Addiction is a chronic, relapsing disease where some clients are predispose due to genetic, psychosocial, and environmental factors influencing its development and manifestations. Families normally are drawn into the web of the client’s addiction and at times become entangled in the process and can have dramatic and often traumatic experiences for the family unit.
Families assume roles during the addiction of the client and can take on roles similar to rescuer, persecutor or even be seen as the savior. Families learn to cope and function in the dysfunction of the addict and are at times finding it difficult to cope when the addict goes to treatment as they now have to revert back to a normal role within the family structure.
Addiction is characterized by behaviors that include one or more of the following:
Everyone in the family is affected by one member’s addiction it is said that for every 1 addict it affects at least 40 people directly or indirectly. Whether the loved one with addiction is an alcoholic, does illicit drugs, takes prescription drugs for nonmedical purposes, or engages in compulsive behaviors such as gambling, work, sex, shopping, or eating, these actions and behaviors affect everyone in the family.
Addiction is also a progressive disease. Without treatment, it normally spiral out of control and it increase the discomfort on the family unit. Addiction affects the stability of the home, the unity of the family, mental and physical health, and the overall family dynamic.
Spouses or partners of addicts go through various stages: denial of the problem, covering up the problem, lying to others about the problem, overcompensating to make up for the shortcomings and failures of the addict, enabling the addict to continue his or her addictive behavior.
Often other siblings suffer in this process as they might feel neglected as most of the attention of the family is on the addict. Often the family members / siblings who are not addicted withdrew themselves from the family unit and tend to isolate. This can cause distress on the individual and might resort to rebellious behavior or at times taking prescription medication to cope with their feelings as often they feel its pointless sharing as life revolves in the family around the addict.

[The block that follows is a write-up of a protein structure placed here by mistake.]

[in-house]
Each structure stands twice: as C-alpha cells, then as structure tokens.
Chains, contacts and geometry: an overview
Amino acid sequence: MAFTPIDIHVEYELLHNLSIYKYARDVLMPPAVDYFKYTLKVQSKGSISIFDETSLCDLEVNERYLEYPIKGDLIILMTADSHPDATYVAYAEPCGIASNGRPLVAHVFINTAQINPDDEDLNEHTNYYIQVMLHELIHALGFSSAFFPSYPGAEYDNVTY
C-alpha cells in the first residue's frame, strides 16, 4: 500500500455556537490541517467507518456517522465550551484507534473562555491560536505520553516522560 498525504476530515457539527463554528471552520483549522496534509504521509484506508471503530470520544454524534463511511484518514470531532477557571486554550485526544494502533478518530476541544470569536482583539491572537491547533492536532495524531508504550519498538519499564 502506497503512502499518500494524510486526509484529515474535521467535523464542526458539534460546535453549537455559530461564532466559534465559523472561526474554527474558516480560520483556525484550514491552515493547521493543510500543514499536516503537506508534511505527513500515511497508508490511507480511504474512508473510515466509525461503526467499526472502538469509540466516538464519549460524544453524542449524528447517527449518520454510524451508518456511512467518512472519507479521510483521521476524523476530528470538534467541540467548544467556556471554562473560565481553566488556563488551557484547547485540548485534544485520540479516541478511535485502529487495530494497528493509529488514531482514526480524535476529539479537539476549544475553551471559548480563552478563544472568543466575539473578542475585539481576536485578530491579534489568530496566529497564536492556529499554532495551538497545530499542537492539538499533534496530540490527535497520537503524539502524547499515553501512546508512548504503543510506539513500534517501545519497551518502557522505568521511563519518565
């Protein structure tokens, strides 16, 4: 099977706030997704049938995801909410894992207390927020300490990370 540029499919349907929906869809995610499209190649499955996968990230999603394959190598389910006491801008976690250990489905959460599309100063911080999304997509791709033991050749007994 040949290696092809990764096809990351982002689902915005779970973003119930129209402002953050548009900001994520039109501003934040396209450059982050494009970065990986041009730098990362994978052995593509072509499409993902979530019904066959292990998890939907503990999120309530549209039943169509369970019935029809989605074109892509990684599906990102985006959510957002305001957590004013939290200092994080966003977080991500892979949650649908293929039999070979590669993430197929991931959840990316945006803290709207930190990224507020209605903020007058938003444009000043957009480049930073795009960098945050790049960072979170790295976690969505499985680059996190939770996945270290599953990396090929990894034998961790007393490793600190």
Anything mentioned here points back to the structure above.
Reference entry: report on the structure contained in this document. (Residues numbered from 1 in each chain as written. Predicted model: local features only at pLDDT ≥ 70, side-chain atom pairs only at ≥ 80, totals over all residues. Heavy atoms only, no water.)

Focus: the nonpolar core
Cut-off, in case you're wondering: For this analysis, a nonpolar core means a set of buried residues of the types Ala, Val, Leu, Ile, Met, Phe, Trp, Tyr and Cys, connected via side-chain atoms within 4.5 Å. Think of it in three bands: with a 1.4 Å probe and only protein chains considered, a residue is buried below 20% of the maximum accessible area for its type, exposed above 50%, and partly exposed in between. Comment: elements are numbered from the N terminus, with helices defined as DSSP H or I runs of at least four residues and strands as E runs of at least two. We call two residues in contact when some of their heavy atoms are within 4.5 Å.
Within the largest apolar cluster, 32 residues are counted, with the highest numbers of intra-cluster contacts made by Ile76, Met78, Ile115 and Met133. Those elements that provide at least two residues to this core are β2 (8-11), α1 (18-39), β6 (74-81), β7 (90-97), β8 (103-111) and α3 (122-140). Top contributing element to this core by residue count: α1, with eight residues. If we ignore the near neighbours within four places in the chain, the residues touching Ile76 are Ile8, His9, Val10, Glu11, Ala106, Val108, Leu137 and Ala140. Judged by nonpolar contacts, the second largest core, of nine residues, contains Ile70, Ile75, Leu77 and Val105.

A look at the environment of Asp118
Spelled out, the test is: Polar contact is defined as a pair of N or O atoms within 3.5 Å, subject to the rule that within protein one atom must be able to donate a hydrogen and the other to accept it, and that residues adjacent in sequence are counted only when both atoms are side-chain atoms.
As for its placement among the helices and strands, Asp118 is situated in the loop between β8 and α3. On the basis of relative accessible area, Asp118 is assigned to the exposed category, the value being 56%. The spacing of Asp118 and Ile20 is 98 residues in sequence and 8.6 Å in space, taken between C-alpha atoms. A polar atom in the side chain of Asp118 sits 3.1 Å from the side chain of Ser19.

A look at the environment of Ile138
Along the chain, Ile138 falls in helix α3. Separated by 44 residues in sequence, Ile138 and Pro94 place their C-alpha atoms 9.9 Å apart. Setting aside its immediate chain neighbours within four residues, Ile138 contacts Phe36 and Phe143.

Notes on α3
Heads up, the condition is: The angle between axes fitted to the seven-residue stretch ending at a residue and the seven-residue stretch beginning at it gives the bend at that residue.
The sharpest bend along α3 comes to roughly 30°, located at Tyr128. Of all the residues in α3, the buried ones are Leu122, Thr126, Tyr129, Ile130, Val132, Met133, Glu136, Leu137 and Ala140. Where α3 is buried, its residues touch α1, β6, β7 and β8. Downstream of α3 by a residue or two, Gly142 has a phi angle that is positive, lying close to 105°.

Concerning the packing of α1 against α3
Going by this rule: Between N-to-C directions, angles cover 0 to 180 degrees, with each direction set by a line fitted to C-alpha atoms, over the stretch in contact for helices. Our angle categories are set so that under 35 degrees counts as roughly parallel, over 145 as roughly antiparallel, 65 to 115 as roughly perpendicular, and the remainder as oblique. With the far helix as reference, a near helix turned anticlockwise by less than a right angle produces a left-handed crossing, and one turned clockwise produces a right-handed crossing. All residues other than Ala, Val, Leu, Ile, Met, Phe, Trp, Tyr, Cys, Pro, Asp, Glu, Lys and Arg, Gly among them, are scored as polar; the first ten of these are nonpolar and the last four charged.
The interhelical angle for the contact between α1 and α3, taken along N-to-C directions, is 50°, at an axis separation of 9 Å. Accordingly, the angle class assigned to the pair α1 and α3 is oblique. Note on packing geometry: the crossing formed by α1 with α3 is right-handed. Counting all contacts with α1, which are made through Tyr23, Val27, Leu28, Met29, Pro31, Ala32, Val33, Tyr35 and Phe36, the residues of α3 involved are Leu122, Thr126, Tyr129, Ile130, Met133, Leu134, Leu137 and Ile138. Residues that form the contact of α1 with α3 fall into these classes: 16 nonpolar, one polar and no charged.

When addiction is chronic, family finances are often drained. Some lose their homes, go into bankruptcy, or face serious economic consequences when bills can’t be paid. If the addict or alcoholic is the breadwinner and they lose their job, the burden falls upon the remaining spouse to support the family. There may be serious legal problems, even resulting in jail time for the addict as a consequence of his or her actions. Frustration, anger, bitterness, betrayal, shame, guilt, and hopelessness set in – not only with the direct family, but with friends and co-workers. They often feel that they should have seen the problem and been able to do something about it.
Families affected often take the perception that we are not the problem and don’t need therapy. Treatment for families means learning all you can about the disease and equipping yourself to when the addict returns from treatment how to handle yourself and the recovering person. Often when clients return from treatment the family members are not aware of what their roles should be and leave the recovering person to his own devices. Sometimes they fear what topics to discuss and start to walk on egg shells instead of expressing their concern.
Family involvement is crucial while the addict is in treatment and any good recovery program will cater for family therapy sessions with the addict while he is in treatment to help repair ties and relationships that was strained during addiction as when the client is discharged from treatment he goes back to his family environment.
My life was not perfect, it had its ups and downs, but I got by. Things were not so good between me and the spouse, and things got worse when my son become an addict, still we survived. My son had everything I could possibly give to him. He was a good son. He used to pray regularly, and had a good moral up-bringing. I practically did everything for him_Everything a parent could do … and more.
My child completed the program at the rehabilitation centre and it was a pleasure having him back. Initially, I was scared and nervous and I didn’t know how to handle my child coming home. I remember that I was said at the Support Group meetings that if there is one thing that an addict can’t stand, its pressure. So I thought that I should not pressurize my child. (My first mistake was to want to treat my child with kid-gloves.)
My mom and dad are the greatest and they love each other very much. I love them very much. Sometimes my dad would take us out and my mom would pack some things and we would go to the beach. We would swim and my dad would wet my mom and play with me. I loved being with him. Sometimes my mom and dad would argue but the next time, they would be talking as if nothing happened.